Beal Slough DGC – Lincoln (Best Overall)

Check out one of the best disc golf courses in Nebraska in the YouTube video above!

Features

  • Heavily wooded
  • Multiple pin locations
  • Pro and amateur tee pads
  • 18 holes
  • Dynamic Veteran baskets
  • Driving range
  • Practice baskets
  • Warm-up nets

It’s an incredible challenge to rise to the top when you’ve only been in the game for a couple of years. Beal Slough opened for players only two short years ago, and it’s already one of the most popular disc golf courses in the state. While it’s a largely flat course, it’s heavily wooded, with a lot of fine-tuning involved. 

The mix of long and short shots is excellent, with a nearly 800’ hole on one part of the course and a tiny 150-footer as well. Neither is more difficult than the other. They just require their own unique approach. There are also plenty of warm-up opportunities, such as practice baskets, warm-up nets, and a nice driving range.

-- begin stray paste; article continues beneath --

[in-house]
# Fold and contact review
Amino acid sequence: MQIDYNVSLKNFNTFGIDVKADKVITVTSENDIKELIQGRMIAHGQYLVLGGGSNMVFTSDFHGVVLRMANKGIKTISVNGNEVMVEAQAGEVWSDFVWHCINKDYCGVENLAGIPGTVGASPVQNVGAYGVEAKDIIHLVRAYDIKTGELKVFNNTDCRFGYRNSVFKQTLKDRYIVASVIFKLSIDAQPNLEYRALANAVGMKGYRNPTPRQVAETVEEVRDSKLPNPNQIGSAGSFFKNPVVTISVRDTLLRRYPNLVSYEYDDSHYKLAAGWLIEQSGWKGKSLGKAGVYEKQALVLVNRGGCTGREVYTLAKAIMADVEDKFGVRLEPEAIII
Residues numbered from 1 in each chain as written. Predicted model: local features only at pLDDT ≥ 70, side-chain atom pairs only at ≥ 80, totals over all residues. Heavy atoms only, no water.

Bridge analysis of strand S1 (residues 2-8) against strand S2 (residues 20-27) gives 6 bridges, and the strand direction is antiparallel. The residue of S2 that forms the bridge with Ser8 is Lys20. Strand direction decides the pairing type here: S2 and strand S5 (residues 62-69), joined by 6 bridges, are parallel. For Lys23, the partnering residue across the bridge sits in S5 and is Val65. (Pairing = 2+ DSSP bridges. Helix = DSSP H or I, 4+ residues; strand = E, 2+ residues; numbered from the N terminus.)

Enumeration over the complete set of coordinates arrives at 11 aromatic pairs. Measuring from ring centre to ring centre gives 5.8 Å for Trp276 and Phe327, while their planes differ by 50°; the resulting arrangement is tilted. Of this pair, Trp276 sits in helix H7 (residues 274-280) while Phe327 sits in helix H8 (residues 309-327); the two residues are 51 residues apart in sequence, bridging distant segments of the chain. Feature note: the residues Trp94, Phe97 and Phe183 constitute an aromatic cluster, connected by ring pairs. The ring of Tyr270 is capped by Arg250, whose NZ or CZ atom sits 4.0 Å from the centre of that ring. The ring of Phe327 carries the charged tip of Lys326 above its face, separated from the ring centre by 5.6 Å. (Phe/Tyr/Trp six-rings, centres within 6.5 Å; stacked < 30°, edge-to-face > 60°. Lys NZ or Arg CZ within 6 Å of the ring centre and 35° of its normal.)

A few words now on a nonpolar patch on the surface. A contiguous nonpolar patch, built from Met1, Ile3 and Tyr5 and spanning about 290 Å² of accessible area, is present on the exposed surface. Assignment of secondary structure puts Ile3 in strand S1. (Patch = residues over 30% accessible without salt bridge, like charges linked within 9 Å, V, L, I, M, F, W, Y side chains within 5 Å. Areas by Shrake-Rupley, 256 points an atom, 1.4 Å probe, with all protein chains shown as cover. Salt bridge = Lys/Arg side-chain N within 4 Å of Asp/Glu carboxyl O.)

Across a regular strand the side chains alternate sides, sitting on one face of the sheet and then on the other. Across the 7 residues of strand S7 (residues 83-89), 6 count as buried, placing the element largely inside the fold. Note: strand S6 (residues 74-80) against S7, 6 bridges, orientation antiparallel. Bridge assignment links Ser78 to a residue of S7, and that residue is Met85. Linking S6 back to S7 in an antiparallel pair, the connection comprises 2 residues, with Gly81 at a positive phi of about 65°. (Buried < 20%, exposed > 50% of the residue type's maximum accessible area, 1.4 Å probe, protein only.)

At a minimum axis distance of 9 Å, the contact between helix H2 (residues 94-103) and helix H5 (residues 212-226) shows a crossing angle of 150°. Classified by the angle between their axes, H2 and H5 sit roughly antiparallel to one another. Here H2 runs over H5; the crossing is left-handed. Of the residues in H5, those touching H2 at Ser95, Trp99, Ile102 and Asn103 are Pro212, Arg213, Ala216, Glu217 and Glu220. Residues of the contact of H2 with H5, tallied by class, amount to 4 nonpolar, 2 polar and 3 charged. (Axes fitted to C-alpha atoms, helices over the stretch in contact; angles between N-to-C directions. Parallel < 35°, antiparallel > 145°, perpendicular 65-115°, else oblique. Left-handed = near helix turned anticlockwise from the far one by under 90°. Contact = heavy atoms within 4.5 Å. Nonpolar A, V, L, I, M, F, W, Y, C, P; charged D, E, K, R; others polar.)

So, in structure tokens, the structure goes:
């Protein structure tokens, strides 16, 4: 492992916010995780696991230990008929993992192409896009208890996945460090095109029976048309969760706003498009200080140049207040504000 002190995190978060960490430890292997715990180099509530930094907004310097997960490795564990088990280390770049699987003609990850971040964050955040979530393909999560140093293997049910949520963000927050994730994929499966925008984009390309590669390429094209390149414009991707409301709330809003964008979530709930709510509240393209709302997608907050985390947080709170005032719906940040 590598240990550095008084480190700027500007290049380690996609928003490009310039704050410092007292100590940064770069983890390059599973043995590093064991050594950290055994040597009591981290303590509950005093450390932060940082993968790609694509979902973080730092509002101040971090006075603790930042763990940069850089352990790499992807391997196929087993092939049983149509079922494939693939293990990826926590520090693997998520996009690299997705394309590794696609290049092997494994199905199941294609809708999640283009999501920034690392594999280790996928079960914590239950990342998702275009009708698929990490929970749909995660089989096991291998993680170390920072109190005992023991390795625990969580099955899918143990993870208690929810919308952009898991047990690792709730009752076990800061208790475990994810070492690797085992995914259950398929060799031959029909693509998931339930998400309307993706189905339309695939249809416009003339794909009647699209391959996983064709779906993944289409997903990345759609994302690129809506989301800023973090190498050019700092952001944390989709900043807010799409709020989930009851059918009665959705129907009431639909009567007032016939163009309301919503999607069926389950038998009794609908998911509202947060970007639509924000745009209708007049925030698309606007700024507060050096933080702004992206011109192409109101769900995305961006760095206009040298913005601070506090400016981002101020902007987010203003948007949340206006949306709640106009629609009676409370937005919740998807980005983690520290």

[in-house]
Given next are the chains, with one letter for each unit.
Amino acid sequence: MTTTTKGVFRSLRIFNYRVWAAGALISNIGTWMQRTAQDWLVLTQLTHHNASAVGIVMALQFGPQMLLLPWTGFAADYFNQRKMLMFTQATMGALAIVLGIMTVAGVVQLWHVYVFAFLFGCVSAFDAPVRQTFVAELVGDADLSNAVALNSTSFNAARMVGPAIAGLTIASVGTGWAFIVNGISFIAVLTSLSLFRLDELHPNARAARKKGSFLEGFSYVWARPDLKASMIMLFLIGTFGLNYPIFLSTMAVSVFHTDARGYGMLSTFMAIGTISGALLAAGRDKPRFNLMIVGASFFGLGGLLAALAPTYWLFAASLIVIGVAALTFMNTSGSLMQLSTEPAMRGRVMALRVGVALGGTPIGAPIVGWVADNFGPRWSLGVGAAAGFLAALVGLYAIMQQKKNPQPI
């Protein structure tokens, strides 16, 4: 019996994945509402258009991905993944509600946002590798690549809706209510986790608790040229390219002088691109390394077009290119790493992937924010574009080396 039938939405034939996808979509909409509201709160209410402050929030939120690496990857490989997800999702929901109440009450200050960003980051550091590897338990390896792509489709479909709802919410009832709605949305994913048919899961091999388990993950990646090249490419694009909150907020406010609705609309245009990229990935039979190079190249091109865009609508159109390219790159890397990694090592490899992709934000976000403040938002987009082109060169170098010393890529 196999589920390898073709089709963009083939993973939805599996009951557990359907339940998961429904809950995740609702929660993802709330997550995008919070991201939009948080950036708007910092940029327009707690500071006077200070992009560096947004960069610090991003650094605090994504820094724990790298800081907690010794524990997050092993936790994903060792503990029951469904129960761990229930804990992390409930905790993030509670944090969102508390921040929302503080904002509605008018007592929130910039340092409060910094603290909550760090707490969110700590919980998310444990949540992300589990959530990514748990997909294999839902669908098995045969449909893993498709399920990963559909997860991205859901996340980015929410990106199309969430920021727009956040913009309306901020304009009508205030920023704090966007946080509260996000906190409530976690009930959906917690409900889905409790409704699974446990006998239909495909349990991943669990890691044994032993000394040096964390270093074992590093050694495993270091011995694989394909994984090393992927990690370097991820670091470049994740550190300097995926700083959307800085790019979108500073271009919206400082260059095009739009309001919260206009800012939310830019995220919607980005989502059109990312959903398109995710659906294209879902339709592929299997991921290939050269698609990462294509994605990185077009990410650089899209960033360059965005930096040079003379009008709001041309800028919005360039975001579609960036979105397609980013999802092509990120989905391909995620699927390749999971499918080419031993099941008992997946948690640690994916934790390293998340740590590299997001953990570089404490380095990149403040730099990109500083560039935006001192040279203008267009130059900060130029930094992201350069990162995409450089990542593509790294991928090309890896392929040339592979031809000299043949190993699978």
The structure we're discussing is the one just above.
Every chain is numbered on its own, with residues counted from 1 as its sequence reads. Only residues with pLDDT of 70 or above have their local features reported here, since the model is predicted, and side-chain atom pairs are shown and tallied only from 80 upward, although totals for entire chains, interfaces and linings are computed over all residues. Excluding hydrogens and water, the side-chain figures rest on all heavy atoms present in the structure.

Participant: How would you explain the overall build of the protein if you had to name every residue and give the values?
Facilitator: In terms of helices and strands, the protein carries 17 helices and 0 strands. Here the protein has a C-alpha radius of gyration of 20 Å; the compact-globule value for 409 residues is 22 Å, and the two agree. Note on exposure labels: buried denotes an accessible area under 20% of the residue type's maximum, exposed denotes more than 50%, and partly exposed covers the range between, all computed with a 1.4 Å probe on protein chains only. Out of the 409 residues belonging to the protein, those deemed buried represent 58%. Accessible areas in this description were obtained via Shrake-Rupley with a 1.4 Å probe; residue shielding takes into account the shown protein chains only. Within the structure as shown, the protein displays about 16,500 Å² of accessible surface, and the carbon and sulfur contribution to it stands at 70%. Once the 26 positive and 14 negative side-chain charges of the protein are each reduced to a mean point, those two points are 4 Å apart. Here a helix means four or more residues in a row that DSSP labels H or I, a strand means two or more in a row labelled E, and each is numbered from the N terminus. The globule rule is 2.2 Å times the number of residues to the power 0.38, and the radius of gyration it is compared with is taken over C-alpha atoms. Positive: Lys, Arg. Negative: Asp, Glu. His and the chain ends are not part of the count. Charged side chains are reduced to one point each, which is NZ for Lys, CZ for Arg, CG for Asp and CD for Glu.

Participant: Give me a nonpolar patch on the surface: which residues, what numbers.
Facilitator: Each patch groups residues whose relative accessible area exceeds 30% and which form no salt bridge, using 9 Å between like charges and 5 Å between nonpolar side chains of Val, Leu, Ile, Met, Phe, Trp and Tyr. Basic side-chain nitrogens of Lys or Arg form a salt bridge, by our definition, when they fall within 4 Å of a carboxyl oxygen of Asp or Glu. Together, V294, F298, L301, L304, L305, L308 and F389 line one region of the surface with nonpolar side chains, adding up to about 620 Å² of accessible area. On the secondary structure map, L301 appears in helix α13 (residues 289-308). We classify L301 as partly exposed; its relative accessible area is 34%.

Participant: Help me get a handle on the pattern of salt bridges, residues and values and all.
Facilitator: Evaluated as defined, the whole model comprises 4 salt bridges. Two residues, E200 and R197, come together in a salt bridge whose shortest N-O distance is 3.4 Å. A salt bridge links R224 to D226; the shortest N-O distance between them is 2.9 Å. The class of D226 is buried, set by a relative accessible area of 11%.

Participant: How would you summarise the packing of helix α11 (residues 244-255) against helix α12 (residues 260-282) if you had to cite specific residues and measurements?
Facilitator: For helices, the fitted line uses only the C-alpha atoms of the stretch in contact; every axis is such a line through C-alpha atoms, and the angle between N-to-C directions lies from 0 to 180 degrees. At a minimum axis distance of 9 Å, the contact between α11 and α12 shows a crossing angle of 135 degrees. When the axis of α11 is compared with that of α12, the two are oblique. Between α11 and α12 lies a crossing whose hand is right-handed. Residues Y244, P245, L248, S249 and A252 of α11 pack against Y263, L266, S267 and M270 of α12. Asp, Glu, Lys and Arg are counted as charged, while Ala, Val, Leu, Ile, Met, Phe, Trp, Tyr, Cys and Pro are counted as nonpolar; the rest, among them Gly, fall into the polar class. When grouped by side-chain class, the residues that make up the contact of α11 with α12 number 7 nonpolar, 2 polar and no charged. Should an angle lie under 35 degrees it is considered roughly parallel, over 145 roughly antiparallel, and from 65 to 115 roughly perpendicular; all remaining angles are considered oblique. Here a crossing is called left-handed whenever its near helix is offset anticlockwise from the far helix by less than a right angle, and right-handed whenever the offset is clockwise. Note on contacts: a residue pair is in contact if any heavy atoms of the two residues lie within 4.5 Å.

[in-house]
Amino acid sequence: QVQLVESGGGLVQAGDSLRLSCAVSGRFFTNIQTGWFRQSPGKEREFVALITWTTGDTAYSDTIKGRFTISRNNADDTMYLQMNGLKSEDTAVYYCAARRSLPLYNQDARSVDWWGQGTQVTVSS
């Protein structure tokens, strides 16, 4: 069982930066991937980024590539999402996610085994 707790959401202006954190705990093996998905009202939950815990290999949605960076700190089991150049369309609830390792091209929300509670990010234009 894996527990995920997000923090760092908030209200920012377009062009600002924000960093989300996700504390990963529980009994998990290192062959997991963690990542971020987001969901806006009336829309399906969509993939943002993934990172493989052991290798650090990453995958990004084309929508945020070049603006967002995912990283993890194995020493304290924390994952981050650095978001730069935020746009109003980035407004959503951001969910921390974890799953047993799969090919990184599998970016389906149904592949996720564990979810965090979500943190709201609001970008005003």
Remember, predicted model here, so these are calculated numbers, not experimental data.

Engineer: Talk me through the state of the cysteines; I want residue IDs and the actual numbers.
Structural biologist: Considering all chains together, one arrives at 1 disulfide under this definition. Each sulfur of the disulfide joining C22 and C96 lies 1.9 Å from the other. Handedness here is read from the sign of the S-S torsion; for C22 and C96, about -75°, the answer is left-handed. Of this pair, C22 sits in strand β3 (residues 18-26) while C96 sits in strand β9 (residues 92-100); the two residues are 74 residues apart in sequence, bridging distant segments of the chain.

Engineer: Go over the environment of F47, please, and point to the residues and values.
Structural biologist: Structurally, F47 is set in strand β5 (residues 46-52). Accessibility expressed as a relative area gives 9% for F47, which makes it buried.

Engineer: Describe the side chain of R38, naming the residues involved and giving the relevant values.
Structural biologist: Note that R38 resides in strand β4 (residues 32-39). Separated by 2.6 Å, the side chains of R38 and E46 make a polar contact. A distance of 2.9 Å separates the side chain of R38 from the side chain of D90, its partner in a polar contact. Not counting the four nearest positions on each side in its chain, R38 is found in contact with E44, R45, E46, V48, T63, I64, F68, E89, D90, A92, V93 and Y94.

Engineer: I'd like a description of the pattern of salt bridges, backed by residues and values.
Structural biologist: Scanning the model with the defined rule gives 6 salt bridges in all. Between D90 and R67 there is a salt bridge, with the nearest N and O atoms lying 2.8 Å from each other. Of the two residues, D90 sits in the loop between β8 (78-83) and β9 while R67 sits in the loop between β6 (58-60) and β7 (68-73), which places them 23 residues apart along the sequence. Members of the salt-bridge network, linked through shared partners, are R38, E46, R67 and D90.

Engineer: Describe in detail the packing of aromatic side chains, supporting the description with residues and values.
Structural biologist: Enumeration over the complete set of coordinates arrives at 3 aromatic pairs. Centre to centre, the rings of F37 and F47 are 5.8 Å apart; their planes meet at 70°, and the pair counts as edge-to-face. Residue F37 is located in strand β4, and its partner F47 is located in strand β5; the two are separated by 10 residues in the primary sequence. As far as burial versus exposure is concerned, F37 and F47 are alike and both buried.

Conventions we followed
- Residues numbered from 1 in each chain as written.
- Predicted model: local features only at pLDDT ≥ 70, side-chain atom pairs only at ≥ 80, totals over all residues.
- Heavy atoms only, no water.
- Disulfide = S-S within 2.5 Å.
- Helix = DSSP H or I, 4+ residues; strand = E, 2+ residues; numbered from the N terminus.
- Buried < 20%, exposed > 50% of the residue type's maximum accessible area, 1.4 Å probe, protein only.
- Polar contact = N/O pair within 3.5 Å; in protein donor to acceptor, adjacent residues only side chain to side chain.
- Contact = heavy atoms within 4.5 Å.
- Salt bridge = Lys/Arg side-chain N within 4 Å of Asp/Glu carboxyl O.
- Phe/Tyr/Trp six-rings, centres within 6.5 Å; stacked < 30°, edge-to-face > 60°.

Kelley Park – McCook (Runner-Up)

Features

  • 5,700’ course length
  • Single pin locations
  • Pro and amateur baskets
  • Mach V baskets
  • Concrete tee pads
  • 18 holes
  • Extreme elevation changes

Kelley stands out from most of the best disc golf courses in Nebraska because of its extreme elevation changes. It offers Nebraskans something they don’t get on most of the disc golf courses in the state—and up and down game. 

It’s a beautifully designed course and well-maintained throughout. There are enough trees to be a mild nuisance if you’re a little bit off on your throws. However, you’ll often find yourself more concerned with eye–measuring distances against the illusion that multiple elevation changes create. 

Hummel Park – Omaha (Best Challenge)

Features

  • 6,400’ to 7,900’ course length
  • x5 water hazards
  • 18 holes
  • Extremely varied elevations
  • Tunnel shots
  • Heavily wooded
  • DISCatcher baskets
  • Multiple pin locations

Hummel Park is extremely challenging because it shares the unusual elevation changes with Kelley. However, Hummel Park places a serious emphasis on these elevation changes. Where Kelley uses elevation throughout the course, Hummel narrows everything down to how you throw against it. 

From the first straight down to tunneling through tight woods with the earth rising and falling as the fairway stretches on, this course is both a blast and a headache. If you’re new to the game, prepare yourself for an exceptional challenge from the start to the finish.